The night is hung above us, love, With heavy stars that love us, love, With clouds that curl in purple and pearl, And winds that whisper of us, love: On burly hills and valleys, that lie dimmer, The amber foot-falls of the moon-sylphs glimmer. The moon is still a crescent, love; And here with thee 'tis pleasant, love, To sit and dream in its thin gleam, And list thy sighs liquescent, love: To see thy eyes and fondle thy dark tresses, Set on warm lips imperishable kisses. The sudden-glaring fire-flies Swim o'er the hollow gyre-wise, And spurt and shine like jostled wine At lips on which desire lies: Or like the out-flashed hair of elf or fairy In rapid morrice whirling feat and airy. Up, - all the blue West sundering, - A creamy cloud comes blundering O'er star and steep, and opening deep Grows gold with silent thundering: Gold flooding crystal crags immeasurable, Lost Avalons of old Romance and Fable. The bee dreams in the cherry bloom That sways above the berry bloom; The katydid grates where she's hid In leafy deeps of dreary gloom: The forming dew is globing on the grasses, Like rich spilled gems of some dark queen that passes. The mere brief gusts are wrinkling; A thousand ripples twinkling Have caught the stars on polished spars Their rustling ridges sprinkling: And all the shadow lurking in its bosom Is touched and bursten into golden blossom. Stoop! and my being flatter, love; With sudden starlight scatter, love, From the starry grace of thy rare face, Whose might can make or shatter, love! Come, raiment love in love's own radiant garments. And kindle all my soul to rapturous torments! Bow all thy beauty to me, love, Lips, eyes, and hair to woo me, love, As bows and blows some satin rose Snow-soft and tame, that knew thee, love. Unto the common grass, that worshiping cowers, Dowering its love with all her musk of flowers.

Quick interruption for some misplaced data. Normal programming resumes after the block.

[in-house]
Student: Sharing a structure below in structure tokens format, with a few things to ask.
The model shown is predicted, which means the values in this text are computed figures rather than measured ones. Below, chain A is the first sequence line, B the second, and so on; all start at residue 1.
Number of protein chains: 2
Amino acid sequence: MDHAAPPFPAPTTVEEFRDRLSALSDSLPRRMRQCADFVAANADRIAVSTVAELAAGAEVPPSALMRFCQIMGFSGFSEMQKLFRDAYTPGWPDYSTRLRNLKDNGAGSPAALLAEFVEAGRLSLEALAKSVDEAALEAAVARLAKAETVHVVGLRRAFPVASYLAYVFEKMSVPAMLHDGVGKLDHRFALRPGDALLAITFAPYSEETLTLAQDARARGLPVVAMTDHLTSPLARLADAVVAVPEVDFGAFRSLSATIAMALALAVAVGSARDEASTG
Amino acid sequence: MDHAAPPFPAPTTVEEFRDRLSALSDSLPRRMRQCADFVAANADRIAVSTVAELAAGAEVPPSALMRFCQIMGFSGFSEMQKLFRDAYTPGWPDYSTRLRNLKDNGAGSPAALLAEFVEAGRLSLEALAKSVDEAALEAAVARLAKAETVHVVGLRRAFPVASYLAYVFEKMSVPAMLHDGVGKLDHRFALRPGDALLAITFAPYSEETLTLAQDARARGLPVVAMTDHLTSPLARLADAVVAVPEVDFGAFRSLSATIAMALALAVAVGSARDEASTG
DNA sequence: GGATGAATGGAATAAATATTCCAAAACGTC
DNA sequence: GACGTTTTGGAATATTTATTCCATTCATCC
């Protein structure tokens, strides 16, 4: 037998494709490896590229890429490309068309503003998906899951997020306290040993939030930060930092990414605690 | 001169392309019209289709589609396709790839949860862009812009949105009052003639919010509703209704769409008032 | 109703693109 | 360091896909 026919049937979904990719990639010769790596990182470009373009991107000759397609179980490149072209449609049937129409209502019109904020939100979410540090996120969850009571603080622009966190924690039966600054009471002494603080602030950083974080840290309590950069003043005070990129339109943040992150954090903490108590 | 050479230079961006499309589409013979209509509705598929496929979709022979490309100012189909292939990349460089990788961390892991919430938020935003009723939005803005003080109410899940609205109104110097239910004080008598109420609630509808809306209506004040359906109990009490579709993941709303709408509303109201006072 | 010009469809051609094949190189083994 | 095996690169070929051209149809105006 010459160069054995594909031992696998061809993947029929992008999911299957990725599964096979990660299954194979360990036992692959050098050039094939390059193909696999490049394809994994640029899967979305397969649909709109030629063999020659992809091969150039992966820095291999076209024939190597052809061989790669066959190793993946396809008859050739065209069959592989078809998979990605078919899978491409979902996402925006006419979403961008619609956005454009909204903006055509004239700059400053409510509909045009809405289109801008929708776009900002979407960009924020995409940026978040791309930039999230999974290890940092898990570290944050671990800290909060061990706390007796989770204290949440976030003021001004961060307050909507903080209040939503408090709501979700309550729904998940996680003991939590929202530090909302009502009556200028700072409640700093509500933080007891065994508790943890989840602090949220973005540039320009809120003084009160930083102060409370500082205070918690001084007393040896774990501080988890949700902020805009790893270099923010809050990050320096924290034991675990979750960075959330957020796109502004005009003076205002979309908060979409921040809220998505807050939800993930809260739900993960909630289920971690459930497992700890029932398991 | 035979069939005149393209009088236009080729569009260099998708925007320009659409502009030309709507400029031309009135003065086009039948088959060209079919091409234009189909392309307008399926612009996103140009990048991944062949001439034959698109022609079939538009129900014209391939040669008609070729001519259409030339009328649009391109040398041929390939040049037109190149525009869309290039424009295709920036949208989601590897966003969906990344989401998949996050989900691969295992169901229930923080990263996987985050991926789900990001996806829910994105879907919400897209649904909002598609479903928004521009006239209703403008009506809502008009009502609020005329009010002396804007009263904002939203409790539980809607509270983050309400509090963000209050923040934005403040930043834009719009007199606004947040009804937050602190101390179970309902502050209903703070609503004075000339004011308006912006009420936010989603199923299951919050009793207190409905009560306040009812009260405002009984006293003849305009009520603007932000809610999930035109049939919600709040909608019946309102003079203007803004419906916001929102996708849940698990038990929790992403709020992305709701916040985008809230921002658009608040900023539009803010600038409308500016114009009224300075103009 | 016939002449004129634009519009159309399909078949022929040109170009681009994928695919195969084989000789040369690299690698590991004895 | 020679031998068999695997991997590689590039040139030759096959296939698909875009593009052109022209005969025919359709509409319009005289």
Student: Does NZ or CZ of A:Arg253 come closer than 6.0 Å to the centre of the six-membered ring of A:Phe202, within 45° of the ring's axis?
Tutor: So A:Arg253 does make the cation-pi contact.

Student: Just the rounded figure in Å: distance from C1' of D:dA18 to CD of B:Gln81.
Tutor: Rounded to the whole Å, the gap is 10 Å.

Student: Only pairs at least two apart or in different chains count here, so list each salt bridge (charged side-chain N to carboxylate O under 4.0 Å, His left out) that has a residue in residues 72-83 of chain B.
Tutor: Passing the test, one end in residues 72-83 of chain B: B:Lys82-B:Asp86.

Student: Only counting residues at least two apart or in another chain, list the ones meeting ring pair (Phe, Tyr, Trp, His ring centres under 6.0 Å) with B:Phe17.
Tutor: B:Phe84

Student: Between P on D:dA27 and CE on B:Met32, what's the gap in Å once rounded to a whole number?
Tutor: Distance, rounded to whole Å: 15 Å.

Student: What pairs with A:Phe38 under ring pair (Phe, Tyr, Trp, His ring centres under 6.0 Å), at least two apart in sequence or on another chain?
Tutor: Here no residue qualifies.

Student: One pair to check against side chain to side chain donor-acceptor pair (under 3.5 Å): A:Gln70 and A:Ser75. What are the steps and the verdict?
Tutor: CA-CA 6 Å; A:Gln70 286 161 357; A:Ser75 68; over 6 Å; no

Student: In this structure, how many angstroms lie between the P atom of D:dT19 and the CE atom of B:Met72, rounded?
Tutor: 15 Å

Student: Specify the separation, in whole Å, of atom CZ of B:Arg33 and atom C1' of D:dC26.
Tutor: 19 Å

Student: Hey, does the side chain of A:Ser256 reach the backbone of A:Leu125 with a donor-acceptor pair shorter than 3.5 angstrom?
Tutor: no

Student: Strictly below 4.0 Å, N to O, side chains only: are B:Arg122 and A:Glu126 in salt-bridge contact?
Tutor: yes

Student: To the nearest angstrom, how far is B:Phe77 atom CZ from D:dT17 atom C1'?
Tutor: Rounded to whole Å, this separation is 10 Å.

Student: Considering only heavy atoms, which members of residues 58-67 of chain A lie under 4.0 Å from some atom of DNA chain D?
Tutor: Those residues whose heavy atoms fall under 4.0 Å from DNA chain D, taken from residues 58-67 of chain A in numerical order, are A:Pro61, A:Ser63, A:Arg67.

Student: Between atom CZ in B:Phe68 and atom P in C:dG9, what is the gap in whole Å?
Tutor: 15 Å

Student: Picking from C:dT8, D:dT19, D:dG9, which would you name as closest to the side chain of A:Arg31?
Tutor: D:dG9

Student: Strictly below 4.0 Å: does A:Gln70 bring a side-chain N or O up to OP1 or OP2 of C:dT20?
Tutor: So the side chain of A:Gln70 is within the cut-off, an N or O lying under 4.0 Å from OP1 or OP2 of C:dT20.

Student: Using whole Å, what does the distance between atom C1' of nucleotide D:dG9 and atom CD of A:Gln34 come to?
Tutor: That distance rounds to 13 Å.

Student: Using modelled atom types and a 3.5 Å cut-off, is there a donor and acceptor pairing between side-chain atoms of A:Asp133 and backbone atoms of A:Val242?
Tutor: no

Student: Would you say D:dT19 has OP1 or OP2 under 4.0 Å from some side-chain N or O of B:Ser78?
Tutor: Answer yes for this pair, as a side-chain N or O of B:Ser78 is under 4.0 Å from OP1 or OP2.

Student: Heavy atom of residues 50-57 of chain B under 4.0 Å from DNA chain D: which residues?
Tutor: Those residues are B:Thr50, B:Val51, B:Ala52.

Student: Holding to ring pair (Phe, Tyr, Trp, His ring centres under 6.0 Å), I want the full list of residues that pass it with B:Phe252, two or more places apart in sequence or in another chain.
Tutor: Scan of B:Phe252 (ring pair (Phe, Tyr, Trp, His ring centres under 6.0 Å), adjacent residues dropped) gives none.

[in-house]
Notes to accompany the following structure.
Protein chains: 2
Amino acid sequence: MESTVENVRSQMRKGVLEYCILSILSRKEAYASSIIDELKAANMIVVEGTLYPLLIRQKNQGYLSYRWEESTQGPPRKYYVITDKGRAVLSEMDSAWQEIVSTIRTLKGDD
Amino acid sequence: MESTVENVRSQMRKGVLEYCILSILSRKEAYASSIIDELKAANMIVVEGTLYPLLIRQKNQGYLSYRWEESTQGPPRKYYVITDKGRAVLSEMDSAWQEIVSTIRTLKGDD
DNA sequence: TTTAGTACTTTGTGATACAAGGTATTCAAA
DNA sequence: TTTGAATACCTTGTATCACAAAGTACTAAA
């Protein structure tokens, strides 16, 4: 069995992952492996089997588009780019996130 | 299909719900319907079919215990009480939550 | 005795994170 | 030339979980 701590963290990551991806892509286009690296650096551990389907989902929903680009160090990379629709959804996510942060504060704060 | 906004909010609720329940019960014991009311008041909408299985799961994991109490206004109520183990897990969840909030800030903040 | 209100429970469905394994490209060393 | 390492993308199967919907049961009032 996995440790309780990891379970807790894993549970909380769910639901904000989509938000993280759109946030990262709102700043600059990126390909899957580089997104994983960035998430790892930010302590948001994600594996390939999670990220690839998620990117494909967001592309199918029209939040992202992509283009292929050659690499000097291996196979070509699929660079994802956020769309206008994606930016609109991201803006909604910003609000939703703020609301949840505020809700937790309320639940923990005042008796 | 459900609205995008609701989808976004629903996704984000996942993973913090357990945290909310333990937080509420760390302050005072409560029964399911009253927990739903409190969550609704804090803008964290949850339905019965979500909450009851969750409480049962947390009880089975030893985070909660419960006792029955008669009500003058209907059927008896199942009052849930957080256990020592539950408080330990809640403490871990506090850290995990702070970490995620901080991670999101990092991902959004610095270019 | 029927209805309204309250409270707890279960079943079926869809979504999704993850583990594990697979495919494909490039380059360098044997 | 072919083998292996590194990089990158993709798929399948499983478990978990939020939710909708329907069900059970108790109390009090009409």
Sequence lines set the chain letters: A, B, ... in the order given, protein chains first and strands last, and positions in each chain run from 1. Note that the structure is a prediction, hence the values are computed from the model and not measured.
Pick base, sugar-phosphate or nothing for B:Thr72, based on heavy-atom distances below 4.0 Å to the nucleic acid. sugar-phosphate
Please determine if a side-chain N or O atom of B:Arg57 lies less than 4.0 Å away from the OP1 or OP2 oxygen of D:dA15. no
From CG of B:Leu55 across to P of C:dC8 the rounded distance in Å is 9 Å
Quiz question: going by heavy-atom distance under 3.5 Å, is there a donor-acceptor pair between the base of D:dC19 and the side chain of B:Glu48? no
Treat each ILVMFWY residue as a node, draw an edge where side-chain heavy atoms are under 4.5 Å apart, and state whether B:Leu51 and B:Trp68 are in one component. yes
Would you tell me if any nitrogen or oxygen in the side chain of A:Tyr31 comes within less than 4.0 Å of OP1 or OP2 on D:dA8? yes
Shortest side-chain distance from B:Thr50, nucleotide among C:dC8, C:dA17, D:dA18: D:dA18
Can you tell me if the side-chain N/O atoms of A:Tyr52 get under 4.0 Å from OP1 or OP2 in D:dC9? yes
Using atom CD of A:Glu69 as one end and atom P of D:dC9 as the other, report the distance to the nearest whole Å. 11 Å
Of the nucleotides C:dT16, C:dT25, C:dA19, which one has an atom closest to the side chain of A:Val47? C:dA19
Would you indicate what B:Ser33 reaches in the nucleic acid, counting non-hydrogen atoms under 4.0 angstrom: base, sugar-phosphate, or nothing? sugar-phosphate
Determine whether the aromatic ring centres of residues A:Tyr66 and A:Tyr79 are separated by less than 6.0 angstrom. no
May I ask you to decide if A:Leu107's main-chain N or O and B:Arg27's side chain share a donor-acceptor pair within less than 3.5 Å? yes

Madison Julius Cawein’s other poems:
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